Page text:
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S’pore’s 2025 World Athletics Championships bid — a potential game changer or vanity project?

Singapore’s announcement that it has made a bid to host the World Athletics Championships in 2025 has met with mixed reaction, since the news last week.

The 2017 World Championships in London saw some 335,000 unique spectators, including 230,000 who were non-local — a welcome boost for the local hospitality industry which has been battered by the pandemic.

The 2017 World Championships in London saw some 335,000 unique spectators, including 230,000 who were non-local — a welcome boost for the local hospitality industry which has been battered by the pandemic.

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Singapore’s announcement that it has made a bid to host the World Athletics Championships in 2025 has met with mixed reaction, since the news last week.

National sports agency Sport Singapore (SportSG) said that, if successful, it would mark the first time a South-east Asian nation has hosted this flagship event, and that it would be a fitting addition to the country’s celebrations of its 60th year of independence.

Among the sporting community, and the country more broadly, there were seemingly an equal number for and against the project.

It is useful to examine the arguments on both sides, before considering the best way forward to ensure that the project is a genuine success for all stakeholders, should Singapore secure the bid.


SportSG, the Singapore Tourism Board, and national sports association Singapore Athletics had highlighted significant benefits of hosting the event.

Beyond the additional festivities that could be added to the likely long list of celebrations around SG60, the event would enhance Singapore’s reputation as a host nation capable of presenting world-class major events, and potentially contribute to the tourism sector here as well.

In the bid guide document for the championships, it is stated that the local organiser can expect to keep all revenues from sources such as public ticket sales, rent from sold expo area spaces, food and beverage sold on site to the public, as well as hospitality and merchandise sales.

The bid guide states that the world championships, featuring 10 days of competition and more than 2,000 athletes competing in 49 track-and-field events along with the marathon and race walk, are typically watched by a global audience of a billion people.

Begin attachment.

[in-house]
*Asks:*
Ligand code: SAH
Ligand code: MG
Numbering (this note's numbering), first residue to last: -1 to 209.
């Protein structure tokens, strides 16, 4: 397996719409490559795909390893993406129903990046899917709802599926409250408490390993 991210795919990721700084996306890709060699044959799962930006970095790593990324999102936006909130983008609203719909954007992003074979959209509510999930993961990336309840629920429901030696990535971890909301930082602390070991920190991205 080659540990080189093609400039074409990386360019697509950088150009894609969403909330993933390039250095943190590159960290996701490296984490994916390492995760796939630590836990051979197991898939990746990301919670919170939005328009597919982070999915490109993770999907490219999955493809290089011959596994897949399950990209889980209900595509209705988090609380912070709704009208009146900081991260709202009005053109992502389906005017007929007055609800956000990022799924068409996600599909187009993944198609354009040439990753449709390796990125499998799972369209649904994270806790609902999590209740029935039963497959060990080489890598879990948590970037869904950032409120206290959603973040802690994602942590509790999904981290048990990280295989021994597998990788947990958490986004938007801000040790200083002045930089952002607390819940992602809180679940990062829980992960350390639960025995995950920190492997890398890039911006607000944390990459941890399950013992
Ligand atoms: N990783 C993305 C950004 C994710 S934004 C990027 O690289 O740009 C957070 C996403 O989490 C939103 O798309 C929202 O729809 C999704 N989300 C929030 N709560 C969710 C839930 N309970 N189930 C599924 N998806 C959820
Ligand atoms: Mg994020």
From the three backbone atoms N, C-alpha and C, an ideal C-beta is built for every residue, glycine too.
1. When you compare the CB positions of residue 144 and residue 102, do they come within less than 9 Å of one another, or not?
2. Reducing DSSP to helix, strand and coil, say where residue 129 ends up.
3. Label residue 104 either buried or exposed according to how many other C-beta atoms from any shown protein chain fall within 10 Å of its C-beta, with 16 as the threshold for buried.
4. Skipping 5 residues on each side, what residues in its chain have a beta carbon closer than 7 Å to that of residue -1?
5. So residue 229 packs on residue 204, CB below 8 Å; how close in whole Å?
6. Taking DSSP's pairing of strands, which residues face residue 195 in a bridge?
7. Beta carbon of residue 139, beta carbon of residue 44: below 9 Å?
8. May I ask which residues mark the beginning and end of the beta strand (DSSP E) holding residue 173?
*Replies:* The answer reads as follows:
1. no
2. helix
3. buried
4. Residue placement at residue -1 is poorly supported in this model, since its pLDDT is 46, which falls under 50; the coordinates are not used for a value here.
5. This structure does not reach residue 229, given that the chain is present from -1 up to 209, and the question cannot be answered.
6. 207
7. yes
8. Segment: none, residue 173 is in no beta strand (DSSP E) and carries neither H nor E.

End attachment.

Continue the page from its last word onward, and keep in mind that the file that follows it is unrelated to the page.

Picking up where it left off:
Some 6,600 beds would also be required for between 11 and 20 nights for international federation staff and guests, as well as teams of competitors, media and suppliers.

In terms of on-site spectators, the 2017 World Championships in London saw some 335,000 unique spectators, including 230,000 who were non-local. Such tourism activity would be a welcome boost for the local hospitality industry which has been battered by the pandemic.

On the sidelines of the sporting action, a World Athletics Congress would also have to be organised for the 214 member federations during the world championships, and that could also provide opportunities for local service providers and vendors.

The guide also notes that the 2017 world championships saw direct economic impact of US$104.1 million (S$141.3 million) for the British capital, comprising US$75 million in spectator spend, US$19.6 million in event attendee spend and US$13.9 million in event organiser spend, offset by "direct leakages" of US$4.4 million.

Direct leakages occur when visitors spend money at an event that does not flow into the host economy, such as when they patronise on-site concessions or trade-stands which are not resident in the country.

The event is likely to be a boon for the S$1.33-billion Singapore Sports Hub, which will be a focal point for the bid to host the championships.

The 55,000-seat National Stadium is a fitting backdrop for a world championship event and would be able to showcase top-notch athletic performances, should Singapore win the bid.

In terms of the benefit for the sporting community, the event is expected to inspire the next generation of athletes.

Singapore Athletics president Lien Choong Luen said: "Singapore25 will give our athletes and those from the region the opportunity to rub shoulders with the giants of track and field and fire up more interest in the sport.”


But not everyone is completely over the moon at the Singapore25 bid.

In speaking with various members of the local sporting community, I have heard objections spanning a range of issues.

High among these is concern over the cost, especially for a one-off event that is unlikely to have sustained economic benefit in the medium to long term.